Boyhood: A Masterpiece About Growing Up
A young boy looks up at the gorgeous sky with wonder in his eye, with thoughts and fasciations running through his head. This is the beautiful opening shot to ‘Boyhood’ an unforgettable film from director Richard Linklater that's opening in Boise on August 8th at The Flicks.
His films, every last one of them, seem to stick with you and never let go. Just last year he made ‘Before Midnight’, the brilliant third chapter in Linklater’s terrific ‘Before’ trilogy. Now with ‘Boyhood’ he’s reached new, impeccable heights.
Throughout the film we watch as Mason played by Elar Coltrane grows up from age seven to eighteen, all shot in the span of twelve years. Shooting every summer from 2002 to 2013, the movie is an incredible achievement just from how it was created but there’s so many complex and absorbing layers to this story that the film altogether feels exhilarating. Linklater has always played with the concept of time but never in this large of a scope.
I grew up watching Linklater’s films and becoming deeply inspired by them. After watching the ‘Before’ trilogy I felt what the magic of cinema can do to someone, to make people feel raw emotion, whether that be empathy, laughter, or even joy. Linklater’s movies showed me what was possible with the medium of cinema and he’s once again amazed me even more with ‘Boyhood’, his greatest film to date.
It always amazes me how cinema has the ability to make a viewer reminisce on personal experience. While watching ‘Boyhood’, I found myself thinking about my own time growing up, my experience having divorced yet loving parents, having an artistic dream and finding a way to pursue it, and how I've grown as a person throughout my life. Having just graduated high school two months ago and on my way to college in a few weeks, Boyhood had a personal effect on me. I related deeply to Mason’s own journey through life and found his experiences rang true throughout every scene.
I first saw the film at its world premiere at the Sundance Film Festival in January, while watching the film in a crowd of over 2,000. The experience was joyous, almost overwhelming. Now having seen the film twice I still have the craving to see it a third time. The film has a certain, sensational effect on you that you truly feel as though you’re simply watching these characters grow up and evolve right before your eyes. Linklater has crafted one of the most bold and daring films ever made and has reached his highest and most ambitious peak yet.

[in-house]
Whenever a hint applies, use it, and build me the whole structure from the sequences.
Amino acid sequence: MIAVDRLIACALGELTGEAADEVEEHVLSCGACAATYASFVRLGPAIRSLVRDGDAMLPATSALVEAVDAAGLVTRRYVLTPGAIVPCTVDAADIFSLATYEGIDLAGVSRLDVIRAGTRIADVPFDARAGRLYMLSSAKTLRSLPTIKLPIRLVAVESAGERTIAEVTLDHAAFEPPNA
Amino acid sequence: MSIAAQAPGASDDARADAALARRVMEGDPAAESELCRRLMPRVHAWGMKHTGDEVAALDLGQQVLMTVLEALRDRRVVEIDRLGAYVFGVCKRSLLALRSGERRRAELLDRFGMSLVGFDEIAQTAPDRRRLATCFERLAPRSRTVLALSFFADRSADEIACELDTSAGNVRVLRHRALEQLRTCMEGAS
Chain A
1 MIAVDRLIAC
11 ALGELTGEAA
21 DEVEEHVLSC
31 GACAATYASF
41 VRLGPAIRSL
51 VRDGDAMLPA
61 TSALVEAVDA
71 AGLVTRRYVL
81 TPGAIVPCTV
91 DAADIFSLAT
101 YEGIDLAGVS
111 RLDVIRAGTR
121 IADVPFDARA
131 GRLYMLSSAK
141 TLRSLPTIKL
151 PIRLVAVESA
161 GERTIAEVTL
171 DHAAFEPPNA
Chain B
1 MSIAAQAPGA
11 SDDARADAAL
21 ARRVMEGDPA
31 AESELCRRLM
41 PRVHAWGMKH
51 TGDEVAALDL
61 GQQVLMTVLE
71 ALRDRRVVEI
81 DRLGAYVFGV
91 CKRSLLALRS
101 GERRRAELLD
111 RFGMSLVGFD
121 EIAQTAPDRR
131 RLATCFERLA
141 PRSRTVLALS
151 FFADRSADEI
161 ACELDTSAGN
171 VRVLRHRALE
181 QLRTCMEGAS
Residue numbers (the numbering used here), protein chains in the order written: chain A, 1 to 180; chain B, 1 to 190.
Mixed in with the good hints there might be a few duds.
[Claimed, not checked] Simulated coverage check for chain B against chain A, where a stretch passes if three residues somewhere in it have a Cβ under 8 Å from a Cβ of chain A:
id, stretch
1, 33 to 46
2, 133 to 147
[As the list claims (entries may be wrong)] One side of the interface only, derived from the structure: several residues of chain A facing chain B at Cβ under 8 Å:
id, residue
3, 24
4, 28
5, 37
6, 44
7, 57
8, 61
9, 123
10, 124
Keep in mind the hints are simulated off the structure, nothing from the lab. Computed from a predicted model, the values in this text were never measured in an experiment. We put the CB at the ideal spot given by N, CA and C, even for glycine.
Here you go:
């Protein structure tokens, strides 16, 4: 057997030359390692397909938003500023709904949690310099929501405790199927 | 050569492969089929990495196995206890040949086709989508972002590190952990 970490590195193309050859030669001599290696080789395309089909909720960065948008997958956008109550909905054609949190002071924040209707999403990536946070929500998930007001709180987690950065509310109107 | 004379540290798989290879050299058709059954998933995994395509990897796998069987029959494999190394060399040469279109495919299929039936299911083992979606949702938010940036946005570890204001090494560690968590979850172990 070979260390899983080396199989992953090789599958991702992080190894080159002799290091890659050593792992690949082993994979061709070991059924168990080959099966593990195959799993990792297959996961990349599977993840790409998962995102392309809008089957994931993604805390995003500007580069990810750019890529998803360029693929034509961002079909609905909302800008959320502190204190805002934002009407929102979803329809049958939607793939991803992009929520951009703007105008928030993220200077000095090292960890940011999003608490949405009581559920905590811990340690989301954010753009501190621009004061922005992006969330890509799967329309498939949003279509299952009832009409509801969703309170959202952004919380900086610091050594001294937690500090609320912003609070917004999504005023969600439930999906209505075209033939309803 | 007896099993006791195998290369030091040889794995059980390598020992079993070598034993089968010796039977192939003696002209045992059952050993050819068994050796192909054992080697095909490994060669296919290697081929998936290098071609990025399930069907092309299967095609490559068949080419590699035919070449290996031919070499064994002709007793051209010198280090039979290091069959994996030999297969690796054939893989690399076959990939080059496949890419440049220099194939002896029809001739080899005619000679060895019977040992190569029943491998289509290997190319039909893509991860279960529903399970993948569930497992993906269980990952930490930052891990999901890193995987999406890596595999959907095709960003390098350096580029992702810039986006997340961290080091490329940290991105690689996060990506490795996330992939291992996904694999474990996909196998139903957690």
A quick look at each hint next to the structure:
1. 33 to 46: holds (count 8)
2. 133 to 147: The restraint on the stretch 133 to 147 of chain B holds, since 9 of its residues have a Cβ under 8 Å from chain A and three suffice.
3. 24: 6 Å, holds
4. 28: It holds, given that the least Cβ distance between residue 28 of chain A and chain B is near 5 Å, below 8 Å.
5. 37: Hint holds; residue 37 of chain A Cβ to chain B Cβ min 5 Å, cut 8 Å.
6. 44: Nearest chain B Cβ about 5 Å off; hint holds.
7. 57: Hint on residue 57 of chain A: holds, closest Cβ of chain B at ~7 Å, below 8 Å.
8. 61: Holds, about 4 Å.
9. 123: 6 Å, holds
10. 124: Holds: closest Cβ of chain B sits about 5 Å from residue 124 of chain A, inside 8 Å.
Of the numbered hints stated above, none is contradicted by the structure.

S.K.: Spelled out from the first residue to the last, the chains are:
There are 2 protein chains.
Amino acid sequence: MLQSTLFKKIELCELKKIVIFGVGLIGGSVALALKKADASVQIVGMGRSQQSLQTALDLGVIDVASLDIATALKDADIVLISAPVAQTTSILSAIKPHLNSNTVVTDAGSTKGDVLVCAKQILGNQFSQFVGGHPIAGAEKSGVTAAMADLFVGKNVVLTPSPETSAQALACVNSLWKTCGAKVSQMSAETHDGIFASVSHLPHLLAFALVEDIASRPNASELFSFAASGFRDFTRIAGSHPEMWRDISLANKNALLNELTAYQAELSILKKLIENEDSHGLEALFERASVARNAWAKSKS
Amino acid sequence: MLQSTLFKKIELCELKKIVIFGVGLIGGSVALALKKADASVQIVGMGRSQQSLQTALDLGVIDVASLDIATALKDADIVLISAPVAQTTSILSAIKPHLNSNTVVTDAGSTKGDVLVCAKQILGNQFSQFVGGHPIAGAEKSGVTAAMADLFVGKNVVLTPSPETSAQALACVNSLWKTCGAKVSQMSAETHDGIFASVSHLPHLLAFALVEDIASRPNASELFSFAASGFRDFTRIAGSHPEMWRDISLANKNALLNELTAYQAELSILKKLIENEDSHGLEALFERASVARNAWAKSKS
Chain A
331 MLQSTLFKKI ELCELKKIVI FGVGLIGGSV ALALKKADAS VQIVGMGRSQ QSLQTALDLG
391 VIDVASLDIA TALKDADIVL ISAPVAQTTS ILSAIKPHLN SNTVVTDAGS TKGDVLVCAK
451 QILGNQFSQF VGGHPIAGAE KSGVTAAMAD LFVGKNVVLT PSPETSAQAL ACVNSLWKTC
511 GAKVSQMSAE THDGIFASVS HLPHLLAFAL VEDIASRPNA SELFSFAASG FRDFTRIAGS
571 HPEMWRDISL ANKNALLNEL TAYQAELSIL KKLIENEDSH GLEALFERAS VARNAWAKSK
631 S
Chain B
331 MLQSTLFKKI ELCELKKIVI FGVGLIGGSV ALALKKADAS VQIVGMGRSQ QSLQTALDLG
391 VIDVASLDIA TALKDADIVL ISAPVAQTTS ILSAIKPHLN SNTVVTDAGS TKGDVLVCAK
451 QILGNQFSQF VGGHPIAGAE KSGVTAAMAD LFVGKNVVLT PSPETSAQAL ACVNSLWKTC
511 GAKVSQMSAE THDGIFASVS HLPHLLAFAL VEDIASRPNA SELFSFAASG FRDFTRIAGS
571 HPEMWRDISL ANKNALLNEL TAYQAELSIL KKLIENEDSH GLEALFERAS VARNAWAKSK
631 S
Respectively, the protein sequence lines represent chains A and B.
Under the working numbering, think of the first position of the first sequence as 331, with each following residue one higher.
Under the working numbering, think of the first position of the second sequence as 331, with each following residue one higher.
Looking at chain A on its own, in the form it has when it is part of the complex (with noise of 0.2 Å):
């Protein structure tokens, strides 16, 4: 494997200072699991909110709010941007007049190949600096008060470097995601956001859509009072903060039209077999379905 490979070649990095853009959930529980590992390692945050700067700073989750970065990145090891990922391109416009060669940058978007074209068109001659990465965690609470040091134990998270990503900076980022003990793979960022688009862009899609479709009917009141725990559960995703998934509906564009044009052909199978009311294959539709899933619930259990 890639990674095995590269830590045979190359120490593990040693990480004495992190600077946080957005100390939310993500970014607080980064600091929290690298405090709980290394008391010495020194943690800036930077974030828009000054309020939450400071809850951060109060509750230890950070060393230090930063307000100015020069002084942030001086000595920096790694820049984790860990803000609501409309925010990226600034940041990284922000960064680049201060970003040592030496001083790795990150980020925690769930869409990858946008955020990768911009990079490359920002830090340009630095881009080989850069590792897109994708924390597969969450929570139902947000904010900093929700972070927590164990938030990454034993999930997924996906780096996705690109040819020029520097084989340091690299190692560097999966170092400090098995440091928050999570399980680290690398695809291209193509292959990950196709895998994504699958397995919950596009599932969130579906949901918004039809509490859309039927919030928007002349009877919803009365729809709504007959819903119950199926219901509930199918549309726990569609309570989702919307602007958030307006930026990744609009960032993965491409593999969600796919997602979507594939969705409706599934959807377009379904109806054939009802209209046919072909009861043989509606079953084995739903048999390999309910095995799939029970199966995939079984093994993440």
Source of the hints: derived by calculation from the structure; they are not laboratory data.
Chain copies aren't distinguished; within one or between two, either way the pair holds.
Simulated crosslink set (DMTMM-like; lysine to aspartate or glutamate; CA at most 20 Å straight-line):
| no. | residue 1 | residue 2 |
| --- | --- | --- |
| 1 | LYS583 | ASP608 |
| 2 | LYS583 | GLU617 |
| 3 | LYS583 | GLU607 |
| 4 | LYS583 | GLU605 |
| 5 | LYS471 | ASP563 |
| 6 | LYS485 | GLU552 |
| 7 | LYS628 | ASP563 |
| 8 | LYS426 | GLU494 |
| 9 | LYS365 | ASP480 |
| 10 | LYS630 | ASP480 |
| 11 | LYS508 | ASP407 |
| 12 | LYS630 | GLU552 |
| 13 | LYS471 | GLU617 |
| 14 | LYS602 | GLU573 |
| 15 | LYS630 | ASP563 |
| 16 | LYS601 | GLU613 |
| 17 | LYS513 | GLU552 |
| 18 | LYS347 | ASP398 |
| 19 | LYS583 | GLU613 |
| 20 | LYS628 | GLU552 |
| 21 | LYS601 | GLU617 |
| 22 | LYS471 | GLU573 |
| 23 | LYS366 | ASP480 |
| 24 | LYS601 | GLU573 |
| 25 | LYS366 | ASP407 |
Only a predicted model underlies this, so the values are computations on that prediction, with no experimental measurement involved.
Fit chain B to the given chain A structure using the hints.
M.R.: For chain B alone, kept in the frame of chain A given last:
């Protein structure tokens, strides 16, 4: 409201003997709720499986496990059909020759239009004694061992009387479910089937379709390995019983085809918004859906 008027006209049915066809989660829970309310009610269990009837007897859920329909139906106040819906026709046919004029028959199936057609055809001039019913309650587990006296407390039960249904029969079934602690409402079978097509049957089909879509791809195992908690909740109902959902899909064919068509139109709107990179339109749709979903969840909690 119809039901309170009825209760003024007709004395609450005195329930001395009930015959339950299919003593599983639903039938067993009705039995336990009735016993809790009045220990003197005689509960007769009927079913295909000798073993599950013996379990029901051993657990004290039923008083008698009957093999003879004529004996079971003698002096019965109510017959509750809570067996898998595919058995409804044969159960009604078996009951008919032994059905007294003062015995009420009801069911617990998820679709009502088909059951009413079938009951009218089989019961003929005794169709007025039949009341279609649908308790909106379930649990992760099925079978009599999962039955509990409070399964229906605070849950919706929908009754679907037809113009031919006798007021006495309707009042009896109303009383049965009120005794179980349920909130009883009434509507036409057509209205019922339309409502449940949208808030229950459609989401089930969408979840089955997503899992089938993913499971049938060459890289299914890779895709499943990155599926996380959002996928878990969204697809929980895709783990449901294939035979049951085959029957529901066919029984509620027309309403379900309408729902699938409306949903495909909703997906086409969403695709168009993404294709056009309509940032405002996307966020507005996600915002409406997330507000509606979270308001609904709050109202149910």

Elar Coltrane’s performance as Mason goes beyond acting, as do all of the cast member’s performances. Ethan Hawke plays a loving father who wants to be there for his kids yet he can’t seem to get his life together. His character’s transformation is moving and wonderful while Patricia Arquette's performance and transformation is just as marvelous. She plays a strong mother raising her children with compassion and responsibility while still never finding the right husband. The two men she does get involved with throughout the movie are both arrogant drunks especially one in particular who was one of Arquette’s college professors. Arquette and Hawke both deliver the finest work of their careers, both revealing the characteristics of their characters in naturalistic and carefully depicted fashions. Every scene, every transition, and every line of dialogue spoken feels uncanny and true. Lorleii Linklater, Linklater’s very own daughter, is fantastic as Mason’s older sister, giving as much depth to the movie as Coltrane does.
The film goes through many, diverse events in Mason’s young life, from going camping with his dad to finding his passion for photography. There’s many thoughtful conversations played out in relaxed, natural manners and fluid, smooth transitions from age to age that truly capture the essence of Linklater’s style of filmmaking. Even the music throughout the film becomes its own part of the movie, every song representing a certain time and place in life.
The final scene, Mason sitting watching the gorgeous sky once again, this time with the sun setting and a beautiful girl by his side, is a celebration of life itself and growing up into the unique person you become. The film ends perfectly with the two smiling and anticipating the road ahead of them. I could go on about how much I adore this film but my advice is to simply just go see the film and experience it for yourself. I’ve never connected with a movie as much as I have with ‘Boyhood’ and I’m sure it will become a new classic in the history of cinema. The film opens on August 8th at The Flicks.